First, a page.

-Reviewed by Cath Barton-
Zettie, at the age of seven, stops speaking. Her mother tries to find out why, but for Zettie the answer is simply ‘because’. In one of the fragments which make up this luminous book, the narrator encapsulates Zettie’s view of the world:
“The air after Because became a soft cushiony comfort: a knowing in the not knowing. A soft billowing thing that filled the space with expectation and – not dread, no – hope.
Why do we have to know the why? The because is infinite.”
If this appears elliptical, the substance of the everrumble (Ad Hoc Fiction) is far from being so. The book is a poetic exploration of a world experienced through the senses, and especially the practice of listening to everything around us. Zettie starts sleeping on the pine floorboards of her house, through which she can hear the rumble of the earth. She becomes attuned to natural sounds to a fantastic degree; by the age of twelve, we read in the fragment ‘Fidelity’, she has the power to hear the wingbeat of a mosquito three streets away, concentrating on this in order to block the closer (human) noises she would rather not hear.
I refer to the sections of New Zealand-based writer Michelle Elvy’s book as fragments rather than flashes – for all that she is a writer steeped in the writing of flash fiction – because she describes the book as ‘a small novel in small forms’ rather than a novella-in-flash.
I think the difference is worth pointing out because the novella-in-flash is a developing genre of writing, and to me the everrumble has the qualities of a mosaic – take any one small piece on its own and it will tell you something, but only viewed as a whole do you really see what the light is reflecting.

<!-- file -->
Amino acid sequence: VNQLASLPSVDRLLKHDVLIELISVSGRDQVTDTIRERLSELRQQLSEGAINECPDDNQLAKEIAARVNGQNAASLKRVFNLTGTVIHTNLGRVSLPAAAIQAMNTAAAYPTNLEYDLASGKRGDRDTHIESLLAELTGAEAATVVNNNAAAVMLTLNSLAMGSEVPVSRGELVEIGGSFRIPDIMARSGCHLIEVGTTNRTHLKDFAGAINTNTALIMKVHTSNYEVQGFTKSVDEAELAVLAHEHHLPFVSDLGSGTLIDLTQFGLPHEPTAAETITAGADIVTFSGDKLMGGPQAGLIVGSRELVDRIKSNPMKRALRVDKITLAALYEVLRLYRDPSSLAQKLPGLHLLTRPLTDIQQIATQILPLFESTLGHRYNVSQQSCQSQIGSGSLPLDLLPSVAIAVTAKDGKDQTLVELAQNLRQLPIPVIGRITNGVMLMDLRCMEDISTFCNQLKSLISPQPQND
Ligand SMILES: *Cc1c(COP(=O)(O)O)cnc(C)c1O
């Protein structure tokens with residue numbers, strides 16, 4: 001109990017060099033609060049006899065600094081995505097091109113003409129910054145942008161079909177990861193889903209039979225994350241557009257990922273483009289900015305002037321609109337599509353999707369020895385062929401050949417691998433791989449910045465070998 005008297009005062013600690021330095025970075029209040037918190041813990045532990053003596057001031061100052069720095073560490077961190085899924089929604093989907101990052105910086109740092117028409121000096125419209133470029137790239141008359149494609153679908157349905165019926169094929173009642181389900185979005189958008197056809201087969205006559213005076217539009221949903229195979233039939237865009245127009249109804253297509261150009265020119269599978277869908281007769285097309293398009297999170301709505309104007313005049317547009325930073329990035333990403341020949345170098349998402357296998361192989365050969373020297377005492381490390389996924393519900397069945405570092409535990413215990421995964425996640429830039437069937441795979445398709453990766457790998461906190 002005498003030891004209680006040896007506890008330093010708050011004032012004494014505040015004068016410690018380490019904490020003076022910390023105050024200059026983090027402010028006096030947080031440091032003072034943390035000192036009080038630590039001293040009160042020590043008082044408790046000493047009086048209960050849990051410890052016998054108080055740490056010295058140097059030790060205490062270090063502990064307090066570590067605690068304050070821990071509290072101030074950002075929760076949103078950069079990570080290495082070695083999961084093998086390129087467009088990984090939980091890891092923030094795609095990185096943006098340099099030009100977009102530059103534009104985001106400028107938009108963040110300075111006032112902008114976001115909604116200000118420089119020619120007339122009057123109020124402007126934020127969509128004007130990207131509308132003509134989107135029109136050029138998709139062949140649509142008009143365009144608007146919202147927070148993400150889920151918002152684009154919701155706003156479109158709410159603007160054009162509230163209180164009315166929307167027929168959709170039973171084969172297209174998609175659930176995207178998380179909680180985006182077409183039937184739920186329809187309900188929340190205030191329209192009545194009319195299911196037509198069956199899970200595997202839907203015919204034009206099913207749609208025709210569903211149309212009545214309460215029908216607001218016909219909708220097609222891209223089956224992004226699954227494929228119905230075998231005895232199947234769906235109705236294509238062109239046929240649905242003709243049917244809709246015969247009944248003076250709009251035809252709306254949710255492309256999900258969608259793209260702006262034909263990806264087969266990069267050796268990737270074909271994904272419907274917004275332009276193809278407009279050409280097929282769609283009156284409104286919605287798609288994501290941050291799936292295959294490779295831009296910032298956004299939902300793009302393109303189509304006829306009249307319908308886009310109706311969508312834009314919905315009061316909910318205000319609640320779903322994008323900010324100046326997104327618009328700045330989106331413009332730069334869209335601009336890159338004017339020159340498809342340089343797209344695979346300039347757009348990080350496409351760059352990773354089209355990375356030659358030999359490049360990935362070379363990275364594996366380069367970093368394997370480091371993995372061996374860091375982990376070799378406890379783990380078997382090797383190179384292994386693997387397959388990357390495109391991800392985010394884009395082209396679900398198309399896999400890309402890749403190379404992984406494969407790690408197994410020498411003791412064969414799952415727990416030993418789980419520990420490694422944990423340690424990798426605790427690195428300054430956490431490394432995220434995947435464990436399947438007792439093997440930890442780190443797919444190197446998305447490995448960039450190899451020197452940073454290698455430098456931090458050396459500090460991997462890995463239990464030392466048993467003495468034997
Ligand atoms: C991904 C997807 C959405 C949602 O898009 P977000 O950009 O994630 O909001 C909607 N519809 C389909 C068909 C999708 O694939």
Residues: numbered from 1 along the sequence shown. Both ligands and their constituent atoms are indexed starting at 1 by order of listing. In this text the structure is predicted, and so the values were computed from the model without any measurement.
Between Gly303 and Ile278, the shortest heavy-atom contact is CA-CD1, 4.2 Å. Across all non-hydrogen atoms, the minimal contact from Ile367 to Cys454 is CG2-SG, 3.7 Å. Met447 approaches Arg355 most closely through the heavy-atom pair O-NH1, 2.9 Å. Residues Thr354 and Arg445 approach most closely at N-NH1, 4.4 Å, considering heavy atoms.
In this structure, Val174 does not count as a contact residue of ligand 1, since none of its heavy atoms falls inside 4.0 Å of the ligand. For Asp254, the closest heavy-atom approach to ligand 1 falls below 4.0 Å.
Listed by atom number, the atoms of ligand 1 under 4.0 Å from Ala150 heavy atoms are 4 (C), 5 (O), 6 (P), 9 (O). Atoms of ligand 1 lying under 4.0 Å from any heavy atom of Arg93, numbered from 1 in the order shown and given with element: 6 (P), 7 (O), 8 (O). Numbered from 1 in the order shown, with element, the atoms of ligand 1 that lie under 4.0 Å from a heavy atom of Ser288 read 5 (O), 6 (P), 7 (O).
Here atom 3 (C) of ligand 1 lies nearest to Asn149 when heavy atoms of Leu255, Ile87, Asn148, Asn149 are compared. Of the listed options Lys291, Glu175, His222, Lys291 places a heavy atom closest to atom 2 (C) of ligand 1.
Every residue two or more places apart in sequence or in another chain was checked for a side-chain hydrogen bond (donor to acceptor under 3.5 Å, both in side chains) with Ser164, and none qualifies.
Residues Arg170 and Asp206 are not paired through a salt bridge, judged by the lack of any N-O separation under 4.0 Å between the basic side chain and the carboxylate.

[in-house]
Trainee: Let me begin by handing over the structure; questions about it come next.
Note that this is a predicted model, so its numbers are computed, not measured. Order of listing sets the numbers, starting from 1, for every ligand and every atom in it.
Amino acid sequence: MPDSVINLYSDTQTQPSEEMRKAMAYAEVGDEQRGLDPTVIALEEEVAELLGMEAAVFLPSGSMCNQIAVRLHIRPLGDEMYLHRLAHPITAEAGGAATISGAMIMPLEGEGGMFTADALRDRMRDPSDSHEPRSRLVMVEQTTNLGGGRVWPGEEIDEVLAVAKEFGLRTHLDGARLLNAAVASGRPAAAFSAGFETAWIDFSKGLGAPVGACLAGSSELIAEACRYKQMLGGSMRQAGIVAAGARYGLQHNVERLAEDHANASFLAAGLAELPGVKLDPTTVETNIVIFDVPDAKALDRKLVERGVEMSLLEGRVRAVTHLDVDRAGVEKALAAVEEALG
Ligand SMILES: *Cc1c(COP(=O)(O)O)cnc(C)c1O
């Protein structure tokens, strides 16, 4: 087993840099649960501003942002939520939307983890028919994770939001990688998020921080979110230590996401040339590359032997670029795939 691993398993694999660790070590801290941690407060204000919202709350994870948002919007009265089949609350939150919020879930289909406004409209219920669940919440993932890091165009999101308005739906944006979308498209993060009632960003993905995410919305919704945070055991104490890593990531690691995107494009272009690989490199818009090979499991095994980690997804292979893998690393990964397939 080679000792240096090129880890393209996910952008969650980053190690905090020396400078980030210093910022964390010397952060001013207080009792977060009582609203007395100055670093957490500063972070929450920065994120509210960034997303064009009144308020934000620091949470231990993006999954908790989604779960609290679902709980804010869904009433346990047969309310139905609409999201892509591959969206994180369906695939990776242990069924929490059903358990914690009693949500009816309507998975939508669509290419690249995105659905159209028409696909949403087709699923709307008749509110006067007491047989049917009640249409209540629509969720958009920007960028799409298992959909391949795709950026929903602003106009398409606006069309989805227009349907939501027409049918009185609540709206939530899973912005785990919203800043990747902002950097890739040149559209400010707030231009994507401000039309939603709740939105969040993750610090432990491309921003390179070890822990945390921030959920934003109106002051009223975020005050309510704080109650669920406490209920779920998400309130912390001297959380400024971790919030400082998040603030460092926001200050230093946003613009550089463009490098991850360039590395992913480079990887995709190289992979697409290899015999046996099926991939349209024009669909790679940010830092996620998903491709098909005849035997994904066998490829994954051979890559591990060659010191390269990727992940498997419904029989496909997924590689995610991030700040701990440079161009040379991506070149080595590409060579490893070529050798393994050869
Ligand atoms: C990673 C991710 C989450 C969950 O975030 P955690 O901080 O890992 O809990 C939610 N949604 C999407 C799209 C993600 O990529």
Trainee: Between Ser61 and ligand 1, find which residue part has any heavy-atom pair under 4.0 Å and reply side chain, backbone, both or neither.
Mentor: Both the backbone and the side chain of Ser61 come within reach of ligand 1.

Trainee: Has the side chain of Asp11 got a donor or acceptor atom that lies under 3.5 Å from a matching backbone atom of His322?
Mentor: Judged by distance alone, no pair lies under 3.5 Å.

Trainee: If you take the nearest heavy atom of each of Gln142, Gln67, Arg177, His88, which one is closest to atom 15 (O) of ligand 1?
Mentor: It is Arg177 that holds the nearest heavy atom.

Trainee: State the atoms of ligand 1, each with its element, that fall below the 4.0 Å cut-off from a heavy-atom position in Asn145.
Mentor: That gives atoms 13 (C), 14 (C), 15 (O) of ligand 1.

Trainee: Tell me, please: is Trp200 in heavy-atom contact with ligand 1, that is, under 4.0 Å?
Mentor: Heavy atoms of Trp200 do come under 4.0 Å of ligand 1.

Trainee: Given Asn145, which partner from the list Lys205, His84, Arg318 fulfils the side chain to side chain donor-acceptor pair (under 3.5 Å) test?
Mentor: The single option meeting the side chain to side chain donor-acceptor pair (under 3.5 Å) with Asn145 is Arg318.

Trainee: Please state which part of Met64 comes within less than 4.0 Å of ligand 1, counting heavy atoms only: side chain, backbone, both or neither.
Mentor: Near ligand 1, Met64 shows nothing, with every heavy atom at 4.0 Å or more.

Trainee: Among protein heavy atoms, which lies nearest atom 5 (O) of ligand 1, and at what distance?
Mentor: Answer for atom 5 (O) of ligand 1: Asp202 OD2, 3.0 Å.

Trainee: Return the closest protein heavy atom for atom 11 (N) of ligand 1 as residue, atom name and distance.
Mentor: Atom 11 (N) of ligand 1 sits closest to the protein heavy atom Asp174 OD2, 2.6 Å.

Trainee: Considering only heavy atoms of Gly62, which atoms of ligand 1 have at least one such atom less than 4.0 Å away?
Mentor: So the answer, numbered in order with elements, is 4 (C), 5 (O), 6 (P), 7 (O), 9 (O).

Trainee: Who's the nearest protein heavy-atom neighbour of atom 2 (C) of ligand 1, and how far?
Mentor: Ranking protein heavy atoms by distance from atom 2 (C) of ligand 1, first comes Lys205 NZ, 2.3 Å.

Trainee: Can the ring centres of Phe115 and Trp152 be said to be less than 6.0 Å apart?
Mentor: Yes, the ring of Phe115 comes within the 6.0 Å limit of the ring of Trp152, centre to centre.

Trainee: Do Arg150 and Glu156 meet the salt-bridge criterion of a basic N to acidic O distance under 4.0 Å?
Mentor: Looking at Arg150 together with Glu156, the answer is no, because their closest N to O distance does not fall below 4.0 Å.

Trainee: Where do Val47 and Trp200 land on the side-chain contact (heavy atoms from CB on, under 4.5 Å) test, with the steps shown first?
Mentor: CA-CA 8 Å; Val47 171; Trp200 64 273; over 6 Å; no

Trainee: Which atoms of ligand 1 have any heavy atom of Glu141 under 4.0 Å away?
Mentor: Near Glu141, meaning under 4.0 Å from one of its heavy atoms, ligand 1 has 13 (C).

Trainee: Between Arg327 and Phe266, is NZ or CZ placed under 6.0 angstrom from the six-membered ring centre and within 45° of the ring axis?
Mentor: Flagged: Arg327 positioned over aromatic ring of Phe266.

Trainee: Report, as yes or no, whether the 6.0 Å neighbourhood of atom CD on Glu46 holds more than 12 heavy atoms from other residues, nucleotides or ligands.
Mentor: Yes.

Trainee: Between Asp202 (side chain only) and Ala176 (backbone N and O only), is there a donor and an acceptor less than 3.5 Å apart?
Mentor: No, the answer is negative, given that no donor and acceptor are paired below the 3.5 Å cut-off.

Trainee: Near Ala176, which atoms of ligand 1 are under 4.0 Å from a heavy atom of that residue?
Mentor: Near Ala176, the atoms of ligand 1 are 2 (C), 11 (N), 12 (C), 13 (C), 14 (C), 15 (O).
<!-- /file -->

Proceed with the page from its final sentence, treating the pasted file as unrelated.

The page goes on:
“And now her cry would dwell in that layer of remembered sound, something real and everlasting to those who listen.
The glass of milk slipped from the small girl’s fingers. The sky crushed in on itself and let forth a shatter of rain.”
By the age of thirteen, we learn in the fragment ‘Specialists’, Zettie is skilled at differentiating the ‘alive’ noises of nature, ‘bears gawomping’ to ‘surf on a beach a thousand miles away’, from dead noises such as airplanes and police sirens which ‘make her tired, numb’. We also learn of some of her dreams of the wonders of nature and of the characters from books that she loves who are to be her lifelong philosopher companions, including Astrid Lindgren’s Pippi Longstocking — who can do anything — and the adventurer Huckleberry Finn.
The first half of the book is lively; the second half more reflective and sombre, an overview of Zettie’s adult life, in which meets a man with whom she can communicate without speaking. They have children together but Zettie remains a free spirit, travelling the world alone for many years. She becomes known as a soothsayer – ‘not because she could see the future but because she knew how to listen to all the sounds of the earth.’
Poignantly, her daughters have never heard their mother’s voice – and if she regrets anything about choosing not to speak it is that she hasn’t been able to read aloud to her children – but she speaks to them nonetheless through the language of her body…
“They have come to understand that she feels the smallest of vibrations beyond what they sense”, in dandelions’ flight and the wavelets on a puddle, for example.
Amongst the books which are important to Zettie, Michael Ende’s Momo, a fable about time and listening, is perhaps the one which carries most powerfully the weight of the everrumble. But for me the most affecting fragment in the book is the one entitled ‘A silence like no other’, in which we learn of the effect on Zettie of her first encounter with an elephant in the wild, when she experiences ‘the vast heartache of their history, their echo of memory upon memory. As if it’s her very own.’
In the end we are led to understand the power of the everrumble of the world, a wave which transcends space and time, beyond words. And yet Elvy conveys this through words, an extraordinary achievement. This is a book to keep and to cherish, a book to dip into again and again, to remind us of the transcendency of the natural world. And, in spite of everything, to give us hope.